With the Socialist incumbent's popularity ratings plummeting, the former President says he is “too passionate about public debate and the future of my countrymen” to remain on the sidelines

In May, 2012, when an ashen-faced Nicolas Sarkozy appeared before a roomful of crushed supporters to concede defeat to his Socialist rival François Hollande in the French presidential elections, he said: “My involvement in the life of my country will be different from now on.”

Now, it looks it might not be so different after all.

On Friday, Sarkozy finally made public what most French have assumed for months—that he would attempt to unseat the first Socialist leader France has had in 22 years by challenging the deeply unpopular Hollande in 2017. In a letter addressed to “mes chers amis” and posted on his Facebook page, he said he is “too passionate about public debate and the future of my countrymen to see them condemned to choose between today’s desperate spectacle and the prospect of hopeless isolation,” a reference to rocketing support for France’s far-right National Front. Sarkozy said the French should decide for themselves “about the strength and sincerity of my commitment to the service of France,” and characterized himself as a patriot pulled back into the fray, almost out of necessity, to rescue his nation from disaster.

Indeed, few French doubt that their country is in dire need of change. After two and half years in office, Hollande has failed to revive a severely troubled economy, whose unemployment rate, near 11%, is the highest in at least 15 years, and whose 4.3% public deficit is way above the European Union’s 3% target. Poll after poll shows Hollande’s support draining away, and one survey earlier this month put his popularity rating at 13%, the lowest of any French leader since World War II. In his twice-yearly press conference on Thursday, a chastened Hollande (whose bruises this month have included a vicious tell-all book by his former partner, Valérie Trierweiler) admitted to journalists he was struggling in office, saying, “It is not easy.” Yet he insisted he would remain in the Elysée Palace until the end of his term, rejecting a call by about 65% of voters in one recent poll that he resign the presidency.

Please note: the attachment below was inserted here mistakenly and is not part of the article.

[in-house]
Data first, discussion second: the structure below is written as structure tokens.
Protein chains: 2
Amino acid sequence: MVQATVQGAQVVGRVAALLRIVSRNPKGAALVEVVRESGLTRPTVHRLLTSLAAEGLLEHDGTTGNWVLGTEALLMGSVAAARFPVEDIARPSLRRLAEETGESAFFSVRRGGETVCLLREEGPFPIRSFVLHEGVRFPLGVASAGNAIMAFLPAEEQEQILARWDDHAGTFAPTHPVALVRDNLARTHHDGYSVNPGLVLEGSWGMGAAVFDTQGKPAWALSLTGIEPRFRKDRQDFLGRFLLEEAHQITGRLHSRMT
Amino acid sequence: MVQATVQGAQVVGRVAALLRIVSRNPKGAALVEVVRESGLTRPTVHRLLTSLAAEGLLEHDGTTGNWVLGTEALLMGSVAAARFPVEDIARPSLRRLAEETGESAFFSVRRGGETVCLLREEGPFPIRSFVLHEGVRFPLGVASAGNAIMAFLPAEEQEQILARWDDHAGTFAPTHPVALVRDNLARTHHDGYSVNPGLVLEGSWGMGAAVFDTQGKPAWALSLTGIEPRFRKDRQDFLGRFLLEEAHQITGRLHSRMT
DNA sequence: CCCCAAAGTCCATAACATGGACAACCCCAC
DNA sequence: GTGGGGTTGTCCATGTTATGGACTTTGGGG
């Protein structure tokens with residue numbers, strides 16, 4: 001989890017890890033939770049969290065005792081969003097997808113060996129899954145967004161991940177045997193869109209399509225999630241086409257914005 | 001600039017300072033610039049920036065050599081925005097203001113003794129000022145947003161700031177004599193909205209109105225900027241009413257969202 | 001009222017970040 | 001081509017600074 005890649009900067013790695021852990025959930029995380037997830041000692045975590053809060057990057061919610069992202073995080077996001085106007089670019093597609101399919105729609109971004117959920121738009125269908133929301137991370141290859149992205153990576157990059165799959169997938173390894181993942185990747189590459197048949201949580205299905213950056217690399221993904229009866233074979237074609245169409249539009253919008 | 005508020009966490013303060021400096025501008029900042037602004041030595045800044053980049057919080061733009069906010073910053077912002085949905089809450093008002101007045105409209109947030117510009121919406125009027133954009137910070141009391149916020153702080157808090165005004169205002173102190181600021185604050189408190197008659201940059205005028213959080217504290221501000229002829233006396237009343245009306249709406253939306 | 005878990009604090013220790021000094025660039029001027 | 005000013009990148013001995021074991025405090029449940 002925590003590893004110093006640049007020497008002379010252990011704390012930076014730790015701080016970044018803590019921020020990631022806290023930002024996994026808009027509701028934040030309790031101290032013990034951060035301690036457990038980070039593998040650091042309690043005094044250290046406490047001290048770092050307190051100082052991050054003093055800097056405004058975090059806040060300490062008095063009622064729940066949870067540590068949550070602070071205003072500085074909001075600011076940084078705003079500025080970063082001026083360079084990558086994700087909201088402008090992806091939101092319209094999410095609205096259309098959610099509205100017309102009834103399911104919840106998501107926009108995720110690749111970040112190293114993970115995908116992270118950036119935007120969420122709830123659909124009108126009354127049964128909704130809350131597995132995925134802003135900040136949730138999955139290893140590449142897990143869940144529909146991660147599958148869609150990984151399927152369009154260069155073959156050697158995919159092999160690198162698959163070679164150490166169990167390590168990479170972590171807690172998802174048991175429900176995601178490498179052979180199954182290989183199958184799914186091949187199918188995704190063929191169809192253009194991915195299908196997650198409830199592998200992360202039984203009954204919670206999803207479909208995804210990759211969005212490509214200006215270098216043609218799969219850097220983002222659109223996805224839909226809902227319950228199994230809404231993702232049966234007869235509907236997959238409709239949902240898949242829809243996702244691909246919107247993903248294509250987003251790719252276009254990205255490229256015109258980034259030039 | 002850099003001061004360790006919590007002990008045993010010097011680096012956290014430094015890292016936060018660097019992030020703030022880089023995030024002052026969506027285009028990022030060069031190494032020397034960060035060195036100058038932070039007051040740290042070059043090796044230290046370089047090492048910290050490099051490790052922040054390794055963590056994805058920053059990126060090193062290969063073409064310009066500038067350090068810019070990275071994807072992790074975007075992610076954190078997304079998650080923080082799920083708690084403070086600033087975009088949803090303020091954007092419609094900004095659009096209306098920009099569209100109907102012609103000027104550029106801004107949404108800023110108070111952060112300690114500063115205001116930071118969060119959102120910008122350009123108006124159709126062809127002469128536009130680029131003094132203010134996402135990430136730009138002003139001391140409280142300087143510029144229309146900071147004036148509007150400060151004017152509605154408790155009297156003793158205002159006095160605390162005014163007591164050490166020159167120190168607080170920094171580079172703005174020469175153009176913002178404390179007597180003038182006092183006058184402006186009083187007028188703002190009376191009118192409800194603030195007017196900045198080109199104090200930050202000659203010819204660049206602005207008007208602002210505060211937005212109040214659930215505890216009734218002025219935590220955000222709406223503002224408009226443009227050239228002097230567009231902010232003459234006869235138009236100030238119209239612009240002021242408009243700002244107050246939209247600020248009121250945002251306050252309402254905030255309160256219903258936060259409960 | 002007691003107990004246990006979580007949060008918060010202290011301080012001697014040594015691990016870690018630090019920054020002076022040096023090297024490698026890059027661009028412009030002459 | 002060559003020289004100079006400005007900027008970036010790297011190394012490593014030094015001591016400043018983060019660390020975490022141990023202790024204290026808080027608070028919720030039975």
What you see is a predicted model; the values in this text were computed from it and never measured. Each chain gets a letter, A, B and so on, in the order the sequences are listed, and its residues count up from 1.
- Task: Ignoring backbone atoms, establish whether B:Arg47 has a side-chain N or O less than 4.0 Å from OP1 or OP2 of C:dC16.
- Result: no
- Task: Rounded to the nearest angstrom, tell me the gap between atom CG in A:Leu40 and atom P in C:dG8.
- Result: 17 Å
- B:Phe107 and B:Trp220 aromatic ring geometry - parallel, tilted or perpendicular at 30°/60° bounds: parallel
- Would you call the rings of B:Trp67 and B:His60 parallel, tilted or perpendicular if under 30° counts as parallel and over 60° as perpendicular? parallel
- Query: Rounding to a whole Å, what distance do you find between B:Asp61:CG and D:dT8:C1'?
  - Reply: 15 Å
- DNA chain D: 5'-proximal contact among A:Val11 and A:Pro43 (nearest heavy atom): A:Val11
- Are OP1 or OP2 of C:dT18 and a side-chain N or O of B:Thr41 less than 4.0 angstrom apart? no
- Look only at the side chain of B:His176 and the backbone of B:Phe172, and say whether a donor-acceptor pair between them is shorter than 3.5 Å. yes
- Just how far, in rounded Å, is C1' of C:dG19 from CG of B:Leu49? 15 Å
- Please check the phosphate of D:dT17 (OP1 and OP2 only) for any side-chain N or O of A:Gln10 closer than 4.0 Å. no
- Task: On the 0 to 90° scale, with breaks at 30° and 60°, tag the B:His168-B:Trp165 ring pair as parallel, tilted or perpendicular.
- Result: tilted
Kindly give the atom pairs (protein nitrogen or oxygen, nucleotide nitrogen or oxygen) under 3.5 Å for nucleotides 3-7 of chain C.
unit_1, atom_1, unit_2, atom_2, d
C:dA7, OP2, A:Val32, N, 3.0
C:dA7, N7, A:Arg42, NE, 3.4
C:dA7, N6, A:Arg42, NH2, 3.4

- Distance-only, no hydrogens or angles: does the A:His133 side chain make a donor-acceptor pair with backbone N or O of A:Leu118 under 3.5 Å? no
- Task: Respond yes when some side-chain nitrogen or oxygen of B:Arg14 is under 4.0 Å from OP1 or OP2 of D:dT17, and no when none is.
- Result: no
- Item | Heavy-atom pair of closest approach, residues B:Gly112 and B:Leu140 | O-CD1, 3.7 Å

Still, as miserable as the French are under Hollande, it is unclear that they would embrace Sarko, as the former President is known. In Friday’s letter Sarkozy said he would run for leadership of his Union for a Popular Movement (UMP) party—a necessary prelude to a formal presidential campaign. But he could face a tough task convincing the UMP that France needs him back in power. In fact, it is possible that his return could staunch the erosion in Hollande’s base, by reminding some voters that the current President might not be so bad after all.

Sarkozy was increasingly disliked—even hated—during his five-year term in office. As news filtered out this past week that he would run again, memories of that unpopularity resurfaced. The cover of one news magazine this week depicts Sarkozy as the Freddy character in the Friday the 13th horror movies, which are about a boy who is dead but keeps coming back. Sarkozy is shown in Freddy’s metal talons and black hat with the sinister headline: “SARKO 2: The Return.”

But that’s assuming he manages to mount a return. Sarkozy faces stiff competition for his own party’s nomination, including from former Foreign Minister Alain Juppé, who has recently won attention for injecting dynamism into the southwestern city of Bordeaux, where he is Mayor.

In fact, for Sarkozy, the primary race for his party’s nomination could be even tougher than his 2007 presidential campaign, which he fought against a tepid Socialist contender, Hollande’s pre-Trierweiler partner Ségolène Royal. Sarkozy won by promising dramatic economic and social changes, including cutting France’s oversized bureaucracy and scrapping laws that have stifled private-sector investment for years. In office, those plans hit a wall of resistance from lobby groups and trade unions, and many French blamed Sarkozy’s irascible style for aggravating the conflict. Voters ultimately judged him to be volatile and a bully, with a jarring fondness for expensive living. He married the wealthy singer-model Carla Bruni while in office, and a video camera once caught him on a rope line muttering under his breath to a modest-looking man in the crowd, “Piss off, poor asshole.” Overcoming this history will not be easy, and that’s before he confronts the far-right leader Marine Le Pen, whom polls currently place as the most likely winner in the 2017 presidential race.